US support for food processing boost

Clinton praised India’s experience of agriculture as “unsurpassed” and that “with only three percent of the world's crop land, India feeds 17 percent of the world's people”.

She added: “We want to improve agricultural productivity. We want to get more of the agricultural dollar into the hands of the farmer. We want India to do more food processing and value-added agriculture. And we are going to be working with India very closely.”

Clinton’s speech echoed sentiments expressed by Indian food processing minister Shri Sahai who recently launched a 100-day action plan to open up to 350 food processing plants to kick-start the sector. He also reaffirmed the government’s goal of trebling the food processing industry’s worth to $215bn by 2015.

“The food processing industry, a sunshine sector of the Indian economy, is the key to transforming India by making agriculture viable and market-driven, ensuring inclusive growth and reducing mass poverty,” said Sahai recently.

Memorandum of Understanding

In a separated development, the Indian Institute of Crop Processing Technology signed a Memorandum of Understanding (MoU) in the last few days with a leading Canadian university to collaborate on research and training programmes.

Sahai said the agreement with the University of Manitoba was significant as it paved the way for a broader-based partnership to specifically with the Ministry of Food Processing industries for development on a whole range of processing-related issues.

A statement from the ministry said: “There is a need to prepare a more comprehensive and broad-based MoU between the Ministry of Food Processing Industries, Government of India and Government of Manitoba to cover critical issues pertaining to Food Safety and Quality, Food Technology, Food Fortification and Nutrition, Incubation Centres to develop more industries locally and create more employment.”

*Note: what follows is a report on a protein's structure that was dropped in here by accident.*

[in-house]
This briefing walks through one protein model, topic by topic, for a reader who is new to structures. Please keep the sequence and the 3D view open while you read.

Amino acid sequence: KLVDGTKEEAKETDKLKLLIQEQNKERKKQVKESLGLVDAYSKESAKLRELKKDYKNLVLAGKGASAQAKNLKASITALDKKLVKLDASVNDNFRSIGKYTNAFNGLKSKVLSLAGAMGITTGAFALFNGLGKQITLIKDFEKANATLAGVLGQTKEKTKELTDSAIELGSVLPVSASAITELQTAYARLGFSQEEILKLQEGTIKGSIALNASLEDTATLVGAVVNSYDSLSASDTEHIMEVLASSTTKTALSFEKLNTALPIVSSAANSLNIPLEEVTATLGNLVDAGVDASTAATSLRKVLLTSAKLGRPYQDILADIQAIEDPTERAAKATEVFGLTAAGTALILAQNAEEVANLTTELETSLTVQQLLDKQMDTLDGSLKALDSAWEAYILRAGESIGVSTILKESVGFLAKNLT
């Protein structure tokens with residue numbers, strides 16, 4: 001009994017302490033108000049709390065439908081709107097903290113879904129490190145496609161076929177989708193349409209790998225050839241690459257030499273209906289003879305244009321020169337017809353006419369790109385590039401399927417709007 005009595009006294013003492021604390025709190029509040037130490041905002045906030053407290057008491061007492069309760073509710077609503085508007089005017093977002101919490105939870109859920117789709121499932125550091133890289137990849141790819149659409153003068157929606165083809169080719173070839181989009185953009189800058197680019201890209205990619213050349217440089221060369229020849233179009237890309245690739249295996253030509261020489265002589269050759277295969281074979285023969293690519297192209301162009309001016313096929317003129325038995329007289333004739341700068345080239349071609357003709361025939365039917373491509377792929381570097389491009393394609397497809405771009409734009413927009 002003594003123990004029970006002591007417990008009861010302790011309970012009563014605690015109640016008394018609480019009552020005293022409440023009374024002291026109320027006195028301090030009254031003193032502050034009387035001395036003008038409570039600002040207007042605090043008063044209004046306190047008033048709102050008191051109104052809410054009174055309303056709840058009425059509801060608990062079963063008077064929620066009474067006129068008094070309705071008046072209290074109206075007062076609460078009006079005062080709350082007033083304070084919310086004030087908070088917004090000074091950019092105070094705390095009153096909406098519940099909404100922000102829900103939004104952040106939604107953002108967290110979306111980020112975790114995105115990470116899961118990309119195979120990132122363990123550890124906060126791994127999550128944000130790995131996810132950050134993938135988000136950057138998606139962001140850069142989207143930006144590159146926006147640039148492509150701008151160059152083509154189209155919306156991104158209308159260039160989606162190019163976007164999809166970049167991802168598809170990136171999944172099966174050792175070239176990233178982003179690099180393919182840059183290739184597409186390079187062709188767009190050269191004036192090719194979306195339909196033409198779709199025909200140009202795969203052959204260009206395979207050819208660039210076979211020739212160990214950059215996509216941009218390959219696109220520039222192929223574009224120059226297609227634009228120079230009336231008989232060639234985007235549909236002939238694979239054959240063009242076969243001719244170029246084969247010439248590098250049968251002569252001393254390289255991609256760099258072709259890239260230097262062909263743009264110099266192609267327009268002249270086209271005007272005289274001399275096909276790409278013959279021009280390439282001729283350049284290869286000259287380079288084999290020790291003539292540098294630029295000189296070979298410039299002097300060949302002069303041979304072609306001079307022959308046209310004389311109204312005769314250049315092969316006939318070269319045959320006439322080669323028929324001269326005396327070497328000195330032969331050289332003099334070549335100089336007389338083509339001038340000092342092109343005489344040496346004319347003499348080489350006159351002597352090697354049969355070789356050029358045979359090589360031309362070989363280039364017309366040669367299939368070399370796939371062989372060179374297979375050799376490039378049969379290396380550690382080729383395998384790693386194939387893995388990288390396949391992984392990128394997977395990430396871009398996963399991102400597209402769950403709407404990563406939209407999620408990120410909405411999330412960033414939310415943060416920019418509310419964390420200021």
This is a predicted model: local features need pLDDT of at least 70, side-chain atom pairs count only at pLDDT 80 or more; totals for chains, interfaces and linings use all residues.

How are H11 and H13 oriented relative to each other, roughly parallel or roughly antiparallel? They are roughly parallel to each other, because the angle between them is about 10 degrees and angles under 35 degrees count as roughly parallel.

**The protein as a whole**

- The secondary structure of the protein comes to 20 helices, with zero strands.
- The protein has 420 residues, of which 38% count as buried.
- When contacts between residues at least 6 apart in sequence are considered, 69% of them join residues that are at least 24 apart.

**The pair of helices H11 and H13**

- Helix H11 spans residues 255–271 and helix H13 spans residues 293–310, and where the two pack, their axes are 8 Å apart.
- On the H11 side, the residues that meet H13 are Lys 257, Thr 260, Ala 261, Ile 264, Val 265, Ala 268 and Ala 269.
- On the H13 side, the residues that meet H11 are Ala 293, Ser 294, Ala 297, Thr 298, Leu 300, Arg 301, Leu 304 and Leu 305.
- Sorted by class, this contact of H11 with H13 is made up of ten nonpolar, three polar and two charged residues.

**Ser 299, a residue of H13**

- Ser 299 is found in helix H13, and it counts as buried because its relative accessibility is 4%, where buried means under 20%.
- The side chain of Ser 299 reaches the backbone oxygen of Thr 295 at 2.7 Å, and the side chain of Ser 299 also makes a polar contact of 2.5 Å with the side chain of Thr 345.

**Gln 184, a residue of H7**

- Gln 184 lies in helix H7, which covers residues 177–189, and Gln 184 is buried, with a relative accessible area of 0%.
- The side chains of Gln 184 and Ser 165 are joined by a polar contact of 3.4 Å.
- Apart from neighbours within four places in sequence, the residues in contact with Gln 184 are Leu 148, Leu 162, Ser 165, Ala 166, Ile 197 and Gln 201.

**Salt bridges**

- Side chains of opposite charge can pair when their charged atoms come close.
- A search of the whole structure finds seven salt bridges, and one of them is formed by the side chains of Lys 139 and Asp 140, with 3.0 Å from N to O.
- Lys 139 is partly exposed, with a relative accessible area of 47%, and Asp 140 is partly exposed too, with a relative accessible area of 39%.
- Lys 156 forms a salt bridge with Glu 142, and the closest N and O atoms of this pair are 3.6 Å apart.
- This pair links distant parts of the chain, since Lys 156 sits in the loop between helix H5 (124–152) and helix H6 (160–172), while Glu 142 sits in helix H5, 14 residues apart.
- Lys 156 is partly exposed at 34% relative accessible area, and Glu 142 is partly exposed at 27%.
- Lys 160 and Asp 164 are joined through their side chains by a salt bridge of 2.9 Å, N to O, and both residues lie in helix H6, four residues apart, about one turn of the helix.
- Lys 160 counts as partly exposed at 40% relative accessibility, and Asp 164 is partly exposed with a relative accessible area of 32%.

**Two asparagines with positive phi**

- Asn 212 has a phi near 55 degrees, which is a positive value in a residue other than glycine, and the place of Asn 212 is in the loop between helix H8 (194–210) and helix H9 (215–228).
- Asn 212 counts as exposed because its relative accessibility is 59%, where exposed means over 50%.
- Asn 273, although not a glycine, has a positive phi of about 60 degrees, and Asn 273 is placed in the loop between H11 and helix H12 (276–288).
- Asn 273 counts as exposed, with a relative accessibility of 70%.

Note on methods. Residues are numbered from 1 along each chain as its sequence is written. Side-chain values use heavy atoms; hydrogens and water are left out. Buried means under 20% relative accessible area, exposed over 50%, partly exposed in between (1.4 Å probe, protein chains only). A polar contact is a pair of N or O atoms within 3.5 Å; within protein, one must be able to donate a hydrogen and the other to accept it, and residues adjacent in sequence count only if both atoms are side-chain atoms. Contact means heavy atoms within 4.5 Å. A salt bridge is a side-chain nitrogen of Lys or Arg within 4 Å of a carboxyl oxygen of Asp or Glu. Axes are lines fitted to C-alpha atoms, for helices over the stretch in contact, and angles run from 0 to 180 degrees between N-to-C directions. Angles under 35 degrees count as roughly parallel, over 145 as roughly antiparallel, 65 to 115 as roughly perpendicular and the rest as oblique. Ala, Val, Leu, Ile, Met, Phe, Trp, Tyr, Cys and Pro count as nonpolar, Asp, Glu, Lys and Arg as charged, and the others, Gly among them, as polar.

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Cash injection to help Indian food processors compete abroad

The Indian Government has backed a scheme to boost research and a promote a slew of internationally recognised food safety practices in a bid to help the processing sector compete abroad.

The Cabinet Committee on Economic Affairs (CCEA) announced today its approval for a R250 crore (€36m) scheme started in 2007 designed to allow domestic processors to compete in the international market place. The programme is split into four sections.

Programme details

Research and Development will look to develop new products and new cost effective technologies for preservation and packaging for food products. It will also cover standardization of various factors such as colouring agents, preservatives, pesticides residues etc.